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Derivation of (linearized) perturbation equations

  1. Jun 3, 2009 #1
    Hi, there!

    I'm trying to understand the derivation of (linearized) pertubation equations given in my lecture.

    As usual the density and velocity fields are split into a homogeneous and an inhomogeneous part:

    [tex]\rho(t,x) = \rho_0(t) + \delta \rho(x,t)[/tex]
    [tex]\vec{v}(t,x) = \vec{v_0}(t) + \vec{\delta v}(x,t)[/tex]

    Then (and that is what I don't understand) the claim is made that the background quantrities need to separately fullfill mass conservation. In other words:

    [tex]\frac{\partial \rho_0}{\partial t} + \rho_0 \nabla * \vec{v_0} = 0[/tex]

    Any idea where this comes from?
    Many thanks in advance!
    Angelos
     
  2. jcsd
  3. Jun 4, 2009 #2

    Chalnoth

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    Okay, so first of all, there's something wrong with your equations, because if [tex]\vec{v_0}[/tex] is independent of position, then it implies that [tex]\rho_0(t)[/tex] must be independent of time.

    Instead, [tex]\vec{v_0}[/tex] should have a very simple dependence upon position, one that stems from the simple expansion of the universe, with the peculiar velocity of all particles described by [tex]\vec{\delta v}[/tex]. So you should have:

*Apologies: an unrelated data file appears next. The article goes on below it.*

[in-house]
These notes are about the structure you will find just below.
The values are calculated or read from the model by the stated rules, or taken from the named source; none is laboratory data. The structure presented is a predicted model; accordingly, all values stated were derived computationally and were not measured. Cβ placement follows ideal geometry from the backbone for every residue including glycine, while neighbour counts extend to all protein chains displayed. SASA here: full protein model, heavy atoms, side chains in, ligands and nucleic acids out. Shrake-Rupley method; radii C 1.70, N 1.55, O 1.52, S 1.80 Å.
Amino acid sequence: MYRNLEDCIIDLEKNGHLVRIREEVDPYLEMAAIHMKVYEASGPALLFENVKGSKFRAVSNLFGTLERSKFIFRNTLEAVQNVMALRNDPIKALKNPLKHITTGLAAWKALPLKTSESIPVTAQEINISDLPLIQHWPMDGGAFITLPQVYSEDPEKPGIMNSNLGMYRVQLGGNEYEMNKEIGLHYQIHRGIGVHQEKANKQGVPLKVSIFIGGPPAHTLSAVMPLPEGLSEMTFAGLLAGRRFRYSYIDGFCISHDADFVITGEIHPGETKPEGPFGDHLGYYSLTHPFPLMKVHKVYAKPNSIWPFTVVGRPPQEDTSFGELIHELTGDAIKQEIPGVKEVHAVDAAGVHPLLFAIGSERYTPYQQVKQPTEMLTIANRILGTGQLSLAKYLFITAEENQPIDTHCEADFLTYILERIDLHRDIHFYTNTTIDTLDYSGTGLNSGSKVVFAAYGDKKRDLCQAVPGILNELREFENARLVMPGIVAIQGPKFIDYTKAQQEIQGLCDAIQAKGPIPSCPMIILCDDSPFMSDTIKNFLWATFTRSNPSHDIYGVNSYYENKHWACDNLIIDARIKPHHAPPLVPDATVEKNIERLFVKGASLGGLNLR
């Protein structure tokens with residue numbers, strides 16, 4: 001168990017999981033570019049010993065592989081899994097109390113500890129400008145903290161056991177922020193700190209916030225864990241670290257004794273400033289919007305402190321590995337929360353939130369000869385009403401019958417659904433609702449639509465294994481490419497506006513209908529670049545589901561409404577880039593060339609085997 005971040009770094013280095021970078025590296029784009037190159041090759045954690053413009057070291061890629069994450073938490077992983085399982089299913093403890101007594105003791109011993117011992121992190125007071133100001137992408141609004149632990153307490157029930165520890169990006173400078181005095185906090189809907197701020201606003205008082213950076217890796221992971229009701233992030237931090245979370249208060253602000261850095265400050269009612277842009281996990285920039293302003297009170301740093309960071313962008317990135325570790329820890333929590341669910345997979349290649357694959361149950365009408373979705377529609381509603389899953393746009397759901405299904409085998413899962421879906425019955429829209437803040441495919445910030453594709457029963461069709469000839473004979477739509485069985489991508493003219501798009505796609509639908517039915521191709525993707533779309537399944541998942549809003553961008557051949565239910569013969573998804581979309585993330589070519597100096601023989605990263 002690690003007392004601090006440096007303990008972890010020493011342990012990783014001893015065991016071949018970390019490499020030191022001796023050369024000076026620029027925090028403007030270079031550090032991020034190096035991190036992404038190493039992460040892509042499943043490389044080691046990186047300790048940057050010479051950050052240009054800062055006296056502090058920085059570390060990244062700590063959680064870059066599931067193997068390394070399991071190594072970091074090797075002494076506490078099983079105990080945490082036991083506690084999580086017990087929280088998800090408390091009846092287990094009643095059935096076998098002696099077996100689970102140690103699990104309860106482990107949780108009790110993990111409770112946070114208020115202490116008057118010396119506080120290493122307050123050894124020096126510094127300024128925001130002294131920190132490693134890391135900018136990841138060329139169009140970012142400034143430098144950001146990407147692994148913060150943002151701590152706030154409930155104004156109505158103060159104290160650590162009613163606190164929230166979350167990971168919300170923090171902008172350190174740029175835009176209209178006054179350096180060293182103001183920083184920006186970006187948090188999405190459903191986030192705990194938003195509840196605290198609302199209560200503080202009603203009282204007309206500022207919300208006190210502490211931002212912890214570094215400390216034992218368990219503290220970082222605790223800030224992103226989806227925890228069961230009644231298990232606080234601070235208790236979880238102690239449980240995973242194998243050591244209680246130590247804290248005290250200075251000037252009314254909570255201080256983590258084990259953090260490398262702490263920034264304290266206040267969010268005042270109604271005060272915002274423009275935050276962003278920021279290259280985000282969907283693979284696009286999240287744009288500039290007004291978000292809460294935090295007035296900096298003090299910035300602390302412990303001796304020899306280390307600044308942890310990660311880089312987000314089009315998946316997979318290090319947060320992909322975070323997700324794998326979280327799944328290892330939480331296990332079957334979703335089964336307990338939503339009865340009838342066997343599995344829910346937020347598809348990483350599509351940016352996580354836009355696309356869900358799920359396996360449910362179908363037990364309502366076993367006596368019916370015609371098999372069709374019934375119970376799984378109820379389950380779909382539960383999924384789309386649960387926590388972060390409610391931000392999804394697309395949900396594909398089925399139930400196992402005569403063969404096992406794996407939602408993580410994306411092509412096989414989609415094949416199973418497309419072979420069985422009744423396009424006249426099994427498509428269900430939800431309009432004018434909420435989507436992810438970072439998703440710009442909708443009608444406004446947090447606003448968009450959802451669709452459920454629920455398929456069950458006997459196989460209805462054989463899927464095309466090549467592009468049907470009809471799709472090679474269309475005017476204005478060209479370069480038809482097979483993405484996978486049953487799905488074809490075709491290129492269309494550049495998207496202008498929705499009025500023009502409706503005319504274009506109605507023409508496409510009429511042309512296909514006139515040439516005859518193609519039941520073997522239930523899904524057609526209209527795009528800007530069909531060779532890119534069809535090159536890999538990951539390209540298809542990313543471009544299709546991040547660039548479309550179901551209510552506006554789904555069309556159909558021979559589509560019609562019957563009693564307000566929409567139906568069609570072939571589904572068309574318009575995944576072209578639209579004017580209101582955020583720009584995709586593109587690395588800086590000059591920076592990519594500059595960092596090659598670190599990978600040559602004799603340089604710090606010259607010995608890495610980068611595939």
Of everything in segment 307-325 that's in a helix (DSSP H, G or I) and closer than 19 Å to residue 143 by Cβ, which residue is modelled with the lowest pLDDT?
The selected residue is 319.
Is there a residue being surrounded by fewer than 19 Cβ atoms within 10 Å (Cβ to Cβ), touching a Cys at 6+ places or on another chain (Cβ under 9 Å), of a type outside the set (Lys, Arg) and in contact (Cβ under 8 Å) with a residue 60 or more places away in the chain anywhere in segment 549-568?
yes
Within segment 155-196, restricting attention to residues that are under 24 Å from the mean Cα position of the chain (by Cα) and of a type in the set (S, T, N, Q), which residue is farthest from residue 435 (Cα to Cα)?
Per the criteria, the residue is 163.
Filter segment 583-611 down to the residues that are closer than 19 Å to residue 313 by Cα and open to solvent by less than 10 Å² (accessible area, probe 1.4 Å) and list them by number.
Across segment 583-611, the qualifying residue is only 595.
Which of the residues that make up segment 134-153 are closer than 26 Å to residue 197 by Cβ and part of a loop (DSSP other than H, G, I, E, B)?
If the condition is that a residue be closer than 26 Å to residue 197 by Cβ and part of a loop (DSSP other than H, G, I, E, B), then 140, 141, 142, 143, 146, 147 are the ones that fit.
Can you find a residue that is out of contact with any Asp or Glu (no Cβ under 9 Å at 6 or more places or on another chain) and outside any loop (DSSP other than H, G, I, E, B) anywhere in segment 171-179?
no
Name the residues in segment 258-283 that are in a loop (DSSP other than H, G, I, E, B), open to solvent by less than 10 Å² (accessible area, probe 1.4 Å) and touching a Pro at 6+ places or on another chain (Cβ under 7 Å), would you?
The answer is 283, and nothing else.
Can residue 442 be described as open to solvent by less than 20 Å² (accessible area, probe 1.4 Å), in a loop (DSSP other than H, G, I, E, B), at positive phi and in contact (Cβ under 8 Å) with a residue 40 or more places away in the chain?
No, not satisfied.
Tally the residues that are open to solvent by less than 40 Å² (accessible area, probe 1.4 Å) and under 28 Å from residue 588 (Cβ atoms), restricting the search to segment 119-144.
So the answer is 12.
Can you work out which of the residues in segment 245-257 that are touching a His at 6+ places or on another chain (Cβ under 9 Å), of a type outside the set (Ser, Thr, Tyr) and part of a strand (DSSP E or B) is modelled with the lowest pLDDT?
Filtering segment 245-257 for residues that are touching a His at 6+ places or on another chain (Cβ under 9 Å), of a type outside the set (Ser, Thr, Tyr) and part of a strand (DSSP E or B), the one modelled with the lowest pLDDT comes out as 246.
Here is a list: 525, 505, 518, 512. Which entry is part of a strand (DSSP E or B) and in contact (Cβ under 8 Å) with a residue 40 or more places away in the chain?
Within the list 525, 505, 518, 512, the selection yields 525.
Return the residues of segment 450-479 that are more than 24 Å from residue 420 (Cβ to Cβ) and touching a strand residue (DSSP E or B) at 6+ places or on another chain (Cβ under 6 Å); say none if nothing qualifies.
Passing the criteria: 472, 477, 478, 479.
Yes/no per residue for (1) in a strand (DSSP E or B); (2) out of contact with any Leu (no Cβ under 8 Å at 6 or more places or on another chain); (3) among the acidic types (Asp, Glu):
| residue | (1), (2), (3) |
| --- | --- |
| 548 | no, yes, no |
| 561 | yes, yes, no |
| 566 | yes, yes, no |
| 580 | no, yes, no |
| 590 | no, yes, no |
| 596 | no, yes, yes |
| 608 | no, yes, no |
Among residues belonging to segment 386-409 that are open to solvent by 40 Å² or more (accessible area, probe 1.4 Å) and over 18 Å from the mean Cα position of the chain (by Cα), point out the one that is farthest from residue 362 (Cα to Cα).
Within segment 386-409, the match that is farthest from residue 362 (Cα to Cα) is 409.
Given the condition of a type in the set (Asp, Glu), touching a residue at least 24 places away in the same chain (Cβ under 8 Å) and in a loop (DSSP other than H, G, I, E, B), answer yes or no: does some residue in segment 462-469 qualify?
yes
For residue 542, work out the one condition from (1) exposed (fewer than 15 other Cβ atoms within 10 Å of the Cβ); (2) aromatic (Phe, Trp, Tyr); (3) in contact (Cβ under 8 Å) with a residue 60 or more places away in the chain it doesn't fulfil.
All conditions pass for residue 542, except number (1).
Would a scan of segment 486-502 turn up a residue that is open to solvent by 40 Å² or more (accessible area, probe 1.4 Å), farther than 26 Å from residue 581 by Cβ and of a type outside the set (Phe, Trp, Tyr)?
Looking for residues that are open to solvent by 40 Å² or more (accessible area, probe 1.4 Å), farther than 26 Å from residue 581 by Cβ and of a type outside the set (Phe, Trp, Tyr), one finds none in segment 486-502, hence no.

[tex]\vec{v_0}(x, t) = \dot{a}\vec{x}[/tex]

    Now, unfortunately I don't have my cosmology texts with me, but I believe that [tex]\rho_0(t)[/tex] and [tex]\vec{v_0}(x,t)[/tex] are specifically chosen to satisfy the equations of motion, as it makes the later equations simpler. I don't think it's something derived, just an arbitrary choice that makes the equations easy to work with (and makes [tex]\rho_0(t)[/tex] and [tex]\vec{v_0}(x,t)[/tex] carry physical significance as the "background" density and expansion).
     
  4. Jun 4, 2009 #3

    Wallace

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    v is usually defined as the peculiar velocity, hence v_0(x,t)=0 everywhere. I'm assuming this derivation is done in the synchronous gauge, in which case the velocity would be defined as above.

    For Angelos, check the derivation in your (or any) textbook. Unfortunately you haven't given us enough information to be able to help you (for example exactly what your velocity is defined as). I'm happy to help if you can provide some more information, i.e. the definitions and all steps leading to the part you don't understand.
     
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